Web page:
Presentation on theme: "Christianity and The Canterbury Tales in Medieval England"— Presentation transcript:
1Christianity and The Canterbury Tales in Medieval England Sr. Amelia Breton&Ms. Michele L. Hanna
2British Events of the Early Medieval Period 1066: Saxons defeated at Hastings by Normans1073: Canterbury becomes England’s religious center1170: Thomas a Becket, Archbishop of Canterbury, is murdered by King Henry II’s men1386: Chaucer begins writing The Canterbury Tales
3Political Atmosphere in Medieval England Introduction of the French political and economic system of feudalism as a result of the Norman invasionKing - center of governmentLords/Overlords – landowners that owed military service to the KingBarons/Vassals – sublet land from LordsKnights – given smaller manors by barons in exchange for military serviceCommoners or serfs - the lowest class of Medieval society provided the physical labor for the land in exchange for food and protectionGeoffrey Chaucer’s The Canterbury Tales incorporates all main levels of Medieval society – the Church, the Court, and the common people
4Social Atmosphere in Medieval England Chivalry – code of knightly behaviorThree ideals:GodKingLadyA period of cultural refinement through the discovery of luxuries from exotic landsThe founding of Oxford and Cambridge gave rise to a broadening of intellectual horizonsLife is centered around the castle
5Religious Atmosphere in Medieval England During middle ages the church was the main focus of community life.The Parish Priest was assigned by the manor and was obliged to keep up the church and provide hospitality to travelers.The priest was a commoner by birth. Serfs were not allowed to become priests because they were tied to the land.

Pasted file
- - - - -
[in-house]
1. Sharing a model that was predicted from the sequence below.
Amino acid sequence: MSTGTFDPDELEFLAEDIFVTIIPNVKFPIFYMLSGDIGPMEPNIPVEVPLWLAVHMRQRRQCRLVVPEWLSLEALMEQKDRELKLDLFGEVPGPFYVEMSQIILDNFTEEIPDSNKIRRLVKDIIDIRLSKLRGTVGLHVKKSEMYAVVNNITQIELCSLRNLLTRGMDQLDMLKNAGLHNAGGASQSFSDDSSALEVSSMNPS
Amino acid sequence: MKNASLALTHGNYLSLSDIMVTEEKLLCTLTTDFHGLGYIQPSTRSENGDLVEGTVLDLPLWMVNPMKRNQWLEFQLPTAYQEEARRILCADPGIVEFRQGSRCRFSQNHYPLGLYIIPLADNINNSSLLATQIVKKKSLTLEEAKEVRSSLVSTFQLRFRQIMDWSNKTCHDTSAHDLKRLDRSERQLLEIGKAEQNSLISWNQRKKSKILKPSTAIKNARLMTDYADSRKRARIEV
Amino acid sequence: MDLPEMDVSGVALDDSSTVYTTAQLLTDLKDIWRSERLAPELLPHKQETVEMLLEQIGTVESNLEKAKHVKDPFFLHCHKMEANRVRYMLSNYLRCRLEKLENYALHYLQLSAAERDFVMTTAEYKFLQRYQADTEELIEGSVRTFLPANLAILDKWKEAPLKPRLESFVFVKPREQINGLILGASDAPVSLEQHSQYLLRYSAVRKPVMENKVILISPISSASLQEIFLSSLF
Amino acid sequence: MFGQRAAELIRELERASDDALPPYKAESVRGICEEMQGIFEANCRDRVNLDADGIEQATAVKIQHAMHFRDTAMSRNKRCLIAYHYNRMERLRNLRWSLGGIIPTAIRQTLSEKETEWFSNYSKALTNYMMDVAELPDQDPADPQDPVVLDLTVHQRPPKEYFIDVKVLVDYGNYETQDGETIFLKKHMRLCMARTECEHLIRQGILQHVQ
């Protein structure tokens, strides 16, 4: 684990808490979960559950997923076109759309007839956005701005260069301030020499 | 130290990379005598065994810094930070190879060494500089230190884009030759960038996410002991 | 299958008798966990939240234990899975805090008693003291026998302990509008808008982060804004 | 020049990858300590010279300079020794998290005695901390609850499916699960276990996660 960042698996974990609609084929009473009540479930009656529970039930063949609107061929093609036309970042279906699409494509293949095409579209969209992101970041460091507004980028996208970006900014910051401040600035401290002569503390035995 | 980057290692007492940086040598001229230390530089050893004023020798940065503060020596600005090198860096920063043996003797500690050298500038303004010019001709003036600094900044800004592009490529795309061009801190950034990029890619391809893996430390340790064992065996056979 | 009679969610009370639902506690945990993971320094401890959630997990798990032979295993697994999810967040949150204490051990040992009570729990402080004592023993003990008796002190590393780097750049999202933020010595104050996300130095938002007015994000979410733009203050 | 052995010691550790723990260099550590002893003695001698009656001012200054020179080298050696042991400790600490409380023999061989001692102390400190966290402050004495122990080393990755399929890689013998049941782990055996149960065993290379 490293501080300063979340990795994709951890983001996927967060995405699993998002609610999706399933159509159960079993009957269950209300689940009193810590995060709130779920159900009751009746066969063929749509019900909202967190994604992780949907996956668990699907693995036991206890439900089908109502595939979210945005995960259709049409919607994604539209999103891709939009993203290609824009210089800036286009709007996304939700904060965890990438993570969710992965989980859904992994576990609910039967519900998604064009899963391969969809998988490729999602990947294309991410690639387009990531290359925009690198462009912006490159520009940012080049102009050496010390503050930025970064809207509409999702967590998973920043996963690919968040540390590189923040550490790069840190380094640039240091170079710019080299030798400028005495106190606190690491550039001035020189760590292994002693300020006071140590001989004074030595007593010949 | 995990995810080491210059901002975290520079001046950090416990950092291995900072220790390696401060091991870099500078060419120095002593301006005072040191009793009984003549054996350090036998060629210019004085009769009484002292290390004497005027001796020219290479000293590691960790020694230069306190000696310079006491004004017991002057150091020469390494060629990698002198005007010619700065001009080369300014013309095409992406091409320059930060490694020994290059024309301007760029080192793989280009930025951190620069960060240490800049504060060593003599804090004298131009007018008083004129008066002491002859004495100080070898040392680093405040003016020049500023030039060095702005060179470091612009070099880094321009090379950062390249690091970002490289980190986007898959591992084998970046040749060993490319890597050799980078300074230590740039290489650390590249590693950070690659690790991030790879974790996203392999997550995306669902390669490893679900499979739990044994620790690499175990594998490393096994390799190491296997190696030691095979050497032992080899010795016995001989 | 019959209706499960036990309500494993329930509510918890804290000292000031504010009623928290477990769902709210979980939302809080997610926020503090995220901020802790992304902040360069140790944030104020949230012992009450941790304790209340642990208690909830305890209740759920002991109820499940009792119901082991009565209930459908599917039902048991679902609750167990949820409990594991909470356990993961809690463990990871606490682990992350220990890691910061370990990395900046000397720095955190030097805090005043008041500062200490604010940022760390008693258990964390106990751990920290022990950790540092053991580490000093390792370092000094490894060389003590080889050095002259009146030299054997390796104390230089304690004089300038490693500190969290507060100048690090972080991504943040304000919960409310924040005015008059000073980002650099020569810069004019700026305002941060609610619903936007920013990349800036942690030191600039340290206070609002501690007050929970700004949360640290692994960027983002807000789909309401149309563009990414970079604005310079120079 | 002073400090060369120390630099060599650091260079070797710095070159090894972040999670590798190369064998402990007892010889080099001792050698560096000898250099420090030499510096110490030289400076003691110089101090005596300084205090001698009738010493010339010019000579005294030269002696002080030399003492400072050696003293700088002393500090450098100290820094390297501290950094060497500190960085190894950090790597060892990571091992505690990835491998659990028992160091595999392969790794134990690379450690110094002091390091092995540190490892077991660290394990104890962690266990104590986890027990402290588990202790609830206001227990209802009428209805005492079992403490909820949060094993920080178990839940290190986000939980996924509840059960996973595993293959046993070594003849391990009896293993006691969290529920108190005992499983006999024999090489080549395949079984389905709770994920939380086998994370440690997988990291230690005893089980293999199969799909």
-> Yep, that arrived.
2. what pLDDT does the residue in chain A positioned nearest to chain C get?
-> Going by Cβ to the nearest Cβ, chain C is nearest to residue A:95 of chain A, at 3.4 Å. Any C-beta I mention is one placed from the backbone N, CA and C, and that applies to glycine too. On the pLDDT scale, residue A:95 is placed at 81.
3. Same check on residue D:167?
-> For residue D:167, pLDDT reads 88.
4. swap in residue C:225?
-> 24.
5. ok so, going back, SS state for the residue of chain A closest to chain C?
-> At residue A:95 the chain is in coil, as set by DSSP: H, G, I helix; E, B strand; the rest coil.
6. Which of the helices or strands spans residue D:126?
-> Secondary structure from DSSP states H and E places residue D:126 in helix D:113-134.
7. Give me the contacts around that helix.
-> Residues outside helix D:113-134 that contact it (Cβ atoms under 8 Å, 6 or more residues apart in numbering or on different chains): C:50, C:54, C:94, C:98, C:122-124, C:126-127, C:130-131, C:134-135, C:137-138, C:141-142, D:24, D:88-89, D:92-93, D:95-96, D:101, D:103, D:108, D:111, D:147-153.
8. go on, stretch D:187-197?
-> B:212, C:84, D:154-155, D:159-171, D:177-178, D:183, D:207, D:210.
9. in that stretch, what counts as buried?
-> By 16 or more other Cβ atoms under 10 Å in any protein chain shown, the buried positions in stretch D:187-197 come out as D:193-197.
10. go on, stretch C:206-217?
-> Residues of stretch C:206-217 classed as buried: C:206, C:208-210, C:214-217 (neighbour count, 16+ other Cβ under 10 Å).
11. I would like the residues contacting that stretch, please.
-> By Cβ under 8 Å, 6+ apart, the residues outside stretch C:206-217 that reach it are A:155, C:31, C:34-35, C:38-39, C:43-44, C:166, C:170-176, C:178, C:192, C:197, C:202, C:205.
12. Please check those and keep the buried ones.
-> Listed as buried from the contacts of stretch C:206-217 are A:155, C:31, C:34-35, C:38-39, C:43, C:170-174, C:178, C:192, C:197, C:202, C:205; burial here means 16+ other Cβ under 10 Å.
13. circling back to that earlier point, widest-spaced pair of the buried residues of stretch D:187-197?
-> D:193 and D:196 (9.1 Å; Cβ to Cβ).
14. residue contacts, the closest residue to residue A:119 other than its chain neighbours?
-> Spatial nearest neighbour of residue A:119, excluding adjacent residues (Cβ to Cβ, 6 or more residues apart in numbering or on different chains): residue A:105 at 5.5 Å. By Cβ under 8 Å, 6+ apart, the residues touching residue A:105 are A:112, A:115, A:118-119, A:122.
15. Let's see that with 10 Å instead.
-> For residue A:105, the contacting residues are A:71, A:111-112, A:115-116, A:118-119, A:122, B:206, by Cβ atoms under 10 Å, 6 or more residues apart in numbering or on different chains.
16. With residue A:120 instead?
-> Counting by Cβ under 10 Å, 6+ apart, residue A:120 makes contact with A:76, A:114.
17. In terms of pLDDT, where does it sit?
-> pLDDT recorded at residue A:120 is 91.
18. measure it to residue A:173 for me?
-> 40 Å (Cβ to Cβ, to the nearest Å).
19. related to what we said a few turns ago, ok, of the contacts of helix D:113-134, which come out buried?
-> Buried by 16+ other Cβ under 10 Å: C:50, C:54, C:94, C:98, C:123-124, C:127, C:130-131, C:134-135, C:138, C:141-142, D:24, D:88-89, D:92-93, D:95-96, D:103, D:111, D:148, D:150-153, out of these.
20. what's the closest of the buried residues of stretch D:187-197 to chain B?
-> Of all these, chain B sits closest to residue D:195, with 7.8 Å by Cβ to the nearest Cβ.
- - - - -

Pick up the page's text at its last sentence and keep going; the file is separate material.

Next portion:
6Parish IncomeThe priest earned his living from the income for parish lands, fees for services, and the tithe money. Tithing was obligatory and it was divided between the priest, the church maintenance, the poor, and the bishop.Peasants had little money so they paid with what they produced; seeds, grain, etc.
7The Church’s WealthThe church had great control over the people. The peasants worked for free on the church land. What the church collected was kept in tithe barns where a lot of the stored grain would be eaten by rats.If the peasants failed to tithe they were told by the church that their souls would go to Hell.
8Church’s Wealth Continued People had to pay for baptisms, marriages and burials. This is one of the reasons why the church was so wealthy.This picture now a museum, was a tithe barn in Kent.
9Monks’ Faults and Contributions In the 12th and 13th centuries there were many monasteries where monks or nuns lived a simple life of prayer and work. They were criticized for their laxity and involvement in worldly affairs.Monks printed and preserved many books.They kept ancient literature sometimes at a great cost to themselves.
101170: Murder of Thomas a Becket 1073: Canterbury Cathedral becomes England’s religious centerHenry II appointed his friend Thomas a Becket as Archbishop of CanterburyHenry appointed Becket hoping that he would overlook some of the King’s abuses of powerWhen Becket did not go along with the King, some of Henry’s more zealous knights murdered Becket in the cathedral at CanterburyIn order to atone for Becket’s murder, Henry made a pilgrimage, a holy journey, to Becket’s tomb at CanterburyThereafter, a pilgrimage to Becket’s shrine at Canterbury became a common English means of showing religious devotionGeoffrey Chaucer, in The Canterbury Tales, uses the vehicle of the pilgrimage to bring together people from the 3 main segments of Medieval society
11Geoffrey Chaucer 1343?In his own lifetime he was considered the greatest poet, and he is currently considered, by many, second only to Shakespeare in achievementsHe began as a page for one of King Edward III’s households, served in the army and held key government positions throughout his lifetimeHe married a lady-in-waiting to the QueenHe began to write in his twenties and continued to do so for the rest of his lifeHe was the first person to be buried in what is now the Poet’s Corner of Westminster Abbey